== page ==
Barr bested Lipton’s yachts three times in the America’s Cup. First, skippering the brand-new Columbia yacht he beat Lipton’s Shamrock at the age of 35 in 1899. He then repeated the feat with Columbia in 1901, despite the fact it was probably a slower boat than Lipton’s Shamrock II, and he needed all his qualities as a skipper and sailor to come through the test and establish his greatness.
His final victory was onboard Reliance. Reliance was developed by the NYYC in reaction to the closeness of the match against Shamrock II and was the biggest and one of the most original and breath-taking Cup boats in history. She completely dominated the competition and won 16 of 19 races to become the Defender, before thrashing Shamrock III in all three races.
After an unsuccessful fourth challenge with Shamrock IV, Sir Thomas Lipton’s fifth and final match was in 1930, the first in the legendary J Class era. Whilst Shamrock V was a beautiful boat, she was met by four new J Class yachts from which the NYYC could choose their defender. This was a great example of a good Challenger being simply overpowered by the Defender’s resources. Harold Vanderbilt and Enterprise won the defence trials with a revolutionary and very light (50% lighter than Shamrock’s) duralumin mast, the ‘Park Avenue’ boom and many other innovations which all proved decisive. Lipton’s time had come and gone.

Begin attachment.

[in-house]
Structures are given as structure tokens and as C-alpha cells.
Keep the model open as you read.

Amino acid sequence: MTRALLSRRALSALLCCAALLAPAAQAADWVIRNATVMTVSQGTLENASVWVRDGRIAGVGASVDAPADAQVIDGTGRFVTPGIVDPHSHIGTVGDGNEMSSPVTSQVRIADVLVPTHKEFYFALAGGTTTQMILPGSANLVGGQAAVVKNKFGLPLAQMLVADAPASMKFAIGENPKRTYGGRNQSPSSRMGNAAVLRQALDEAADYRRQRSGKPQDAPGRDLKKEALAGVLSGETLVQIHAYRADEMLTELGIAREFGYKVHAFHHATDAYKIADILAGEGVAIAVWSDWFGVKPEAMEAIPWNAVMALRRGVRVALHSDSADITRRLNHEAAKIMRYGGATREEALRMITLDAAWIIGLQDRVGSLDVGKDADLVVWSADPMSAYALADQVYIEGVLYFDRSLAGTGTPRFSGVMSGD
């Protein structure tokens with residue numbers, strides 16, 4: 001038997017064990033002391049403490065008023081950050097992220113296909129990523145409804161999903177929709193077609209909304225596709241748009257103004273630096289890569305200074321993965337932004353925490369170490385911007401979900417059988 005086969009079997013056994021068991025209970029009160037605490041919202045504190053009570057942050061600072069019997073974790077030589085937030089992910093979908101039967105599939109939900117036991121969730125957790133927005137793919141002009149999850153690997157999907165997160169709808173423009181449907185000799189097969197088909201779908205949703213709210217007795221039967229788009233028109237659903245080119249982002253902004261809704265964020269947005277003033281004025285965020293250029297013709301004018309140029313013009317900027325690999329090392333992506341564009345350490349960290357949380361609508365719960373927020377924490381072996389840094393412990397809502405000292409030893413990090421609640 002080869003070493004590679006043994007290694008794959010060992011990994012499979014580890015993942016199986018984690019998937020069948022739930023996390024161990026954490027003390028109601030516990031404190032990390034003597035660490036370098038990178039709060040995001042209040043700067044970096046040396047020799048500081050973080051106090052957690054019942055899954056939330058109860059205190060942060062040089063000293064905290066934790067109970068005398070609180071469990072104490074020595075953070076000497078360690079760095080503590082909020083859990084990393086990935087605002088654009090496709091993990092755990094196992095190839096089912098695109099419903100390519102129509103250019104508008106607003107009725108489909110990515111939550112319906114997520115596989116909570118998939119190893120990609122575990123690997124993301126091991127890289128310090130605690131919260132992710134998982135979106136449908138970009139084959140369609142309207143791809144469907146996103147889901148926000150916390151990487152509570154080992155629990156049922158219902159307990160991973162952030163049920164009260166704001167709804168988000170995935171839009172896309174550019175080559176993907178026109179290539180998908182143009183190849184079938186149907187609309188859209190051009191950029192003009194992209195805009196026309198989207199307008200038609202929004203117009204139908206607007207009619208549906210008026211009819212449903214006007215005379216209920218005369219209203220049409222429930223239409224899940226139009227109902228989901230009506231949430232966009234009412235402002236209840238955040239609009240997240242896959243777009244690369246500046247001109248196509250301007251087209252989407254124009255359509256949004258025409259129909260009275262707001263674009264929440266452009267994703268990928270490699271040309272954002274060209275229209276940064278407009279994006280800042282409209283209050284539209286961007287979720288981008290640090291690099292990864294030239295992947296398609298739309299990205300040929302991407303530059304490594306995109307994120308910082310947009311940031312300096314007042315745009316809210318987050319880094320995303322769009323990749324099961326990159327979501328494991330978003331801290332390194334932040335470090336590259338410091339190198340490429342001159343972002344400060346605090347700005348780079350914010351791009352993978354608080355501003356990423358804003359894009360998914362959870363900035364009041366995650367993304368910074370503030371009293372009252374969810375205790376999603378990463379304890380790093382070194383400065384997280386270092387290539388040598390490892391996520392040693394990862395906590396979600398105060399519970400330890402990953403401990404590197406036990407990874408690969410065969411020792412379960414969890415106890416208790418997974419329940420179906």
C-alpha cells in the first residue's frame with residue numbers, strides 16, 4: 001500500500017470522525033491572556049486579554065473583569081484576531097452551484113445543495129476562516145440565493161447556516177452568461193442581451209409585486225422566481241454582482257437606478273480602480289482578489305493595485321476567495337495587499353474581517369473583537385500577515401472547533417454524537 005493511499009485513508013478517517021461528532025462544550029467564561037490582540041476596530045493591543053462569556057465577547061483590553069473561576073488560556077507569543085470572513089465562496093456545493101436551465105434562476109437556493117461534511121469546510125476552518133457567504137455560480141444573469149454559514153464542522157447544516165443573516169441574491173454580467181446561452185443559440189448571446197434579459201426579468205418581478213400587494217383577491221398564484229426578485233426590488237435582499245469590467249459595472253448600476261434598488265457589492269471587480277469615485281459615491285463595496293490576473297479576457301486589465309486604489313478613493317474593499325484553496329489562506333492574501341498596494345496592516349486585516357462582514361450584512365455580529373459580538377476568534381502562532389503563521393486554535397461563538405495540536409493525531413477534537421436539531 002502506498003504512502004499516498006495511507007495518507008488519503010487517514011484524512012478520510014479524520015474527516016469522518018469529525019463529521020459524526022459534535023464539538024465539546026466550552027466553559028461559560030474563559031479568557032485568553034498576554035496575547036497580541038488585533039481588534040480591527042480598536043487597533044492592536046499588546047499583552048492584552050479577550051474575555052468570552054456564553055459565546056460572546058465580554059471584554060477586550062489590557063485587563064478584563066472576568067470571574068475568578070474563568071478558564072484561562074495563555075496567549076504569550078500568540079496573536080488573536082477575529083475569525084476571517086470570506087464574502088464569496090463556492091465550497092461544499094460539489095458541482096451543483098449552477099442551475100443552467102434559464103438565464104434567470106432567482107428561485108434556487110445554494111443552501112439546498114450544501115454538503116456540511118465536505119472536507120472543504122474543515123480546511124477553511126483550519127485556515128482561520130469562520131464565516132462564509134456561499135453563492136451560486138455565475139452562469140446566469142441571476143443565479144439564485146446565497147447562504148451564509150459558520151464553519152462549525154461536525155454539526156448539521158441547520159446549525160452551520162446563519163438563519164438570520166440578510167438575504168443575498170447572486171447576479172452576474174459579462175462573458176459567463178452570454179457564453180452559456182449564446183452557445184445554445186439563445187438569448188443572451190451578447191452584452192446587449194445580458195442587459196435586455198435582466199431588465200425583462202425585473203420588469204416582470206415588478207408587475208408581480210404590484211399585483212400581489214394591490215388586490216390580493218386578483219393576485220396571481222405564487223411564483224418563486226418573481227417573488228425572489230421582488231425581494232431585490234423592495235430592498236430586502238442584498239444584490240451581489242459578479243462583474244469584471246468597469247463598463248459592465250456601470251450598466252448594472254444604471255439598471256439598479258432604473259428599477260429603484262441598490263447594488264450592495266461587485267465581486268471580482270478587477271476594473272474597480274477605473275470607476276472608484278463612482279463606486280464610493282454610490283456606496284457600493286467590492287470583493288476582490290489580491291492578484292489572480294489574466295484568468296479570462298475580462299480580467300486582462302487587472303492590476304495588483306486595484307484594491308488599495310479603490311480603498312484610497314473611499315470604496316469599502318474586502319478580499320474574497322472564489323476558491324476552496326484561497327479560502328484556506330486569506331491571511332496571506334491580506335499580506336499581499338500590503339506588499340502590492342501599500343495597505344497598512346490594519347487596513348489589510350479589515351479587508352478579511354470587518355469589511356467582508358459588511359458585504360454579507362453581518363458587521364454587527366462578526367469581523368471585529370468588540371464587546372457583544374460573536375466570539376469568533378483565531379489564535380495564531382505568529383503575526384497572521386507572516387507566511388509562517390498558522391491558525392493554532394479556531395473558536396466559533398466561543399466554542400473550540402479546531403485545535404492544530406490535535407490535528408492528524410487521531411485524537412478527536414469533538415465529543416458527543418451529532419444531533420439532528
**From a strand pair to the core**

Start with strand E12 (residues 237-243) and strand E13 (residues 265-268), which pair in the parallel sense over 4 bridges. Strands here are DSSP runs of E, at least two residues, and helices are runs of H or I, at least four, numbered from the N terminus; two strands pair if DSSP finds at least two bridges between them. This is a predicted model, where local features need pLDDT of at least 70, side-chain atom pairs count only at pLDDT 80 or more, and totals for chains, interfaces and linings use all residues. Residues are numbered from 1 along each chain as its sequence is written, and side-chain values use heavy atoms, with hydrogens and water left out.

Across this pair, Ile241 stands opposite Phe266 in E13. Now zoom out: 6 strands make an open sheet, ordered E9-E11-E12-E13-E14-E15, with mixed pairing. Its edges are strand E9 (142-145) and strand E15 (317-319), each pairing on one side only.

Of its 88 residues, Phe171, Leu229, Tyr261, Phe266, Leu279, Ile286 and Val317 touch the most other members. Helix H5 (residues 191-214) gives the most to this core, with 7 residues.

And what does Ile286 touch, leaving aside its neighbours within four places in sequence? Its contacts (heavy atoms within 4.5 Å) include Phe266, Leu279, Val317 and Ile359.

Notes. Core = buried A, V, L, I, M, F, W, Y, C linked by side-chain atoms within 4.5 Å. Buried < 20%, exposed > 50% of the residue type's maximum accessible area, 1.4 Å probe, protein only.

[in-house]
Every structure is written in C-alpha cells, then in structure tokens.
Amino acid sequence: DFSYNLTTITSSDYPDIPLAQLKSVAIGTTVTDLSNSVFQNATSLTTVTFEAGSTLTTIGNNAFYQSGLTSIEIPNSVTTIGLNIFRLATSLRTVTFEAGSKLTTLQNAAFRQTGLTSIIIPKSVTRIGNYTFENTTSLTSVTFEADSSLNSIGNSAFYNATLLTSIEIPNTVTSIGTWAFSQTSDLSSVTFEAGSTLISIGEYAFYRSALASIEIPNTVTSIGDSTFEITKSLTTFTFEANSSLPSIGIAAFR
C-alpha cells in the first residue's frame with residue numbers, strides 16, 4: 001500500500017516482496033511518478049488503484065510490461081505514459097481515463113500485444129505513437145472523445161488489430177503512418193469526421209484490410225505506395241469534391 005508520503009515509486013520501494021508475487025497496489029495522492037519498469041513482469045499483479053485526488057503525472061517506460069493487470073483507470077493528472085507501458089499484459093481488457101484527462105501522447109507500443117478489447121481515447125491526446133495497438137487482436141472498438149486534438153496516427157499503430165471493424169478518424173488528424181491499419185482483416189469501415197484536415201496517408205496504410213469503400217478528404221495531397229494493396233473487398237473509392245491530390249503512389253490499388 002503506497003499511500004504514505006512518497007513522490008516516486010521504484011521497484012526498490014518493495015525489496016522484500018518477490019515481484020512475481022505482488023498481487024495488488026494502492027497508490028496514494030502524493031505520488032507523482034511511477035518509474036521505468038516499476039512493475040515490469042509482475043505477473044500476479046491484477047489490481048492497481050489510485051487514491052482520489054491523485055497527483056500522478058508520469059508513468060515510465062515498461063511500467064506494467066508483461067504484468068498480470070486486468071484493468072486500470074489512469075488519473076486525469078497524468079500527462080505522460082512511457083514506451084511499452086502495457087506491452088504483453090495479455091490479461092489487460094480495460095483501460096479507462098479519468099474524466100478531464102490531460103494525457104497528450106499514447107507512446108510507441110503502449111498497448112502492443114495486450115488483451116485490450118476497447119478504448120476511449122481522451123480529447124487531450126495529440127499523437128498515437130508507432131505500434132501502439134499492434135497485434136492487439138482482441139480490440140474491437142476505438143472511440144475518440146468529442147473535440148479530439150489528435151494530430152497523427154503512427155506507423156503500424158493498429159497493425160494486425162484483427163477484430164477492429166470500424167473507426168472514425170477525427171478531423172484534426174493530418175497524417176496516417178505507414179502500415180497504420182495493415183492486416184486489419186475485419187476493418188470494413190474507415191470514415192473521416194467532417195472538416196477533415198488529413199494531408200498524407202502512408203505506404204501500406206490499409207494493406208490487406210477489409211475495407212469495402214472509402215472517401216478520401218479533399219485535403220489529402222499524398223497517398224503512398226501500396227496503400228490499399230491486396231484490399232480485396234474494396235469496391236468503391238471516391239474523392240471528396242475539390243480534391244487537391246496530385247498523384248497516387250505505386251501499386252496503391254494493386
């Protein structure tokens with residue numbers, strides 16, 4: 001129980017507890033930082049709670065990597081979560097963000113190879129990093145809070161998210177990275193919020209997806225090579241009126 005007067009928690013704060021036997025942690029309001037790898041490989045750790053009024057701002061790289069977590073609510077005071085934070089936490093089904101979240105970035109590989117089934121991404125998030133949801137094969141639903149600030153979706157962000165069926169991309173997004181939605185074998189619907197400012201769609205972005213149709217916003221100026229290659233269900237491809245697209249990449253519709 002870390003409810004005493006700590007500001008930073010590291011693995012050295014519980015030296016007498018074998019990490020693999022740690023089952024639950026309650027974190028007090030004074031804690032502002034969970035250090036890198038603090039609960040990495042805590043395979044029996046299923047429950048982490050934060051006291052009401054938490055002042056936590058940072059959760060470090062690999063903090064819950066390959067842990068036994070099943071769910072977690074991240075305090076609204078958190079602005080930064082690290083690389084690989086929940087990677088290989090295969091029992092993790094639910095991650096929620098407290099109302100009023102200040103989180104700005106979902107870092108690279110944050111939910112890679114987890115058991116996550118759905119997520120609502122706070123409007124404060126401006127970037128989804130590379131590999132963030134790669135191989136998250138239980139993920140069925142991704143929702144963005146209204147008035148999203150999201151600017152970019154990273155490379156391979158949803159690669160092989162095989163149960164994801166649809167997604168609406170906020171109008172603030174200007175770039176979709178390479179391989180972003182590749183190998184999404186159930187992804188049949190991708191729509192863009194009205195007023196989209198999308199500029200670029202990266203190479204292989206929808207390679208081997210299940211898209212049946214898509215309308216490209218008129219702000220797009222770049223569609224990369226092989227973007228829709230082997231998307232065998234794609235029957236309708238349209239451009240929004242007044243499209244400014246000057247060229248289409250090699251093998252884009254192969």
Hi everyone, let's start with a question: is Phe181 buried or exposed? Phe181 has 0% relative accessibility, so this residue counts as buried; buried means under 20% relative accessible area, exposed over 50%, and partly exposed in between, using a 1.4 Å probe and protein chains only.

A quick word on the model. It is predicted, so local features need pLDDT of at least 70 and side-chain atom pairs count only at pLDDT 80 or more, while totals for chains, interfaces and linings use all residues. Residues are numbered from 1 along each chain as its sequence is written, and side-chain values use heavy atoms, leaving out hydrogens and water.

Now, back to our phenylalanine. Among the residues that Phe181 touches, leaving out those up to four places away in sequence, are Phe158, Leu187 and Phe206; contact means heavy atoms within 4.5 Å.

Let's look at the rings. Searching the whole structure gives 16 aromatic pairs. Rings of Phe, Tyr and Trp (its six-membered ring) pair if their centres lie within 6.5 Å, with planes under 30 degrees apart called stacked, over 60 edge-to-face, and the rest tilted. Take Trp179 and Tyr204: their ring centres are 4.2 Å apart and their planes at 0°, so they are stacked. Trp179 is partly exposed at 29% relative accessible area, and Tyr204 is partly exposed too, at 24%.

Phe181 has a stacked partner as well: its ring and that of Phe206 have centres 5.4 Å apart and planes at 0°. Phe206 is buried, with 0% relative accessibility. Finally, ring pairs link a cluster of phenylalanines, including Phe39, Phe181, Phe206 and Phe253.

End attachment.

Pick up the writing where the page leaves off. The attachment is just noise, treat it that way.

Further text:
Sir T.O.M. Sopwith: 1934-1937
The final pre-Second World War British challenges were led by Sir T.O.M. Sopwith, who bought Shamrock V from Sir Thomas Lipton.
Sopwith came from a very different background to Lipton. He was born in Kensington and his father was the MD of a mining company. He was an industrialist, with a background in engineering and science. He was a contemporary of the Wright Brothers and a pioneer of the aviation industry in the UK, indeed he developed and built the most successful fighter in the First World War.
Sopwith was also a sportsman in all senses; he raced cars and motorcycles, held the world waterspeed record in a powerboat, played ice hockey and won a gold medal with the British team at the first ever European Championships. He was also a sportsman in the sense of the traditional English gentleman, apparently a fine shot and fisherman, sailing his own boats.
Sopwith brought that sporting desire and scientific, innovative approach to yacht racing. There is widespread agreement that Sopwith’s first Endeavour, the 1934 J-Class Challenger, was the fastest and best prepared boat ever to leave Britain. She went to meet a weak American fleet, with the NYYC elite still struggling with the impact of the Great Depression.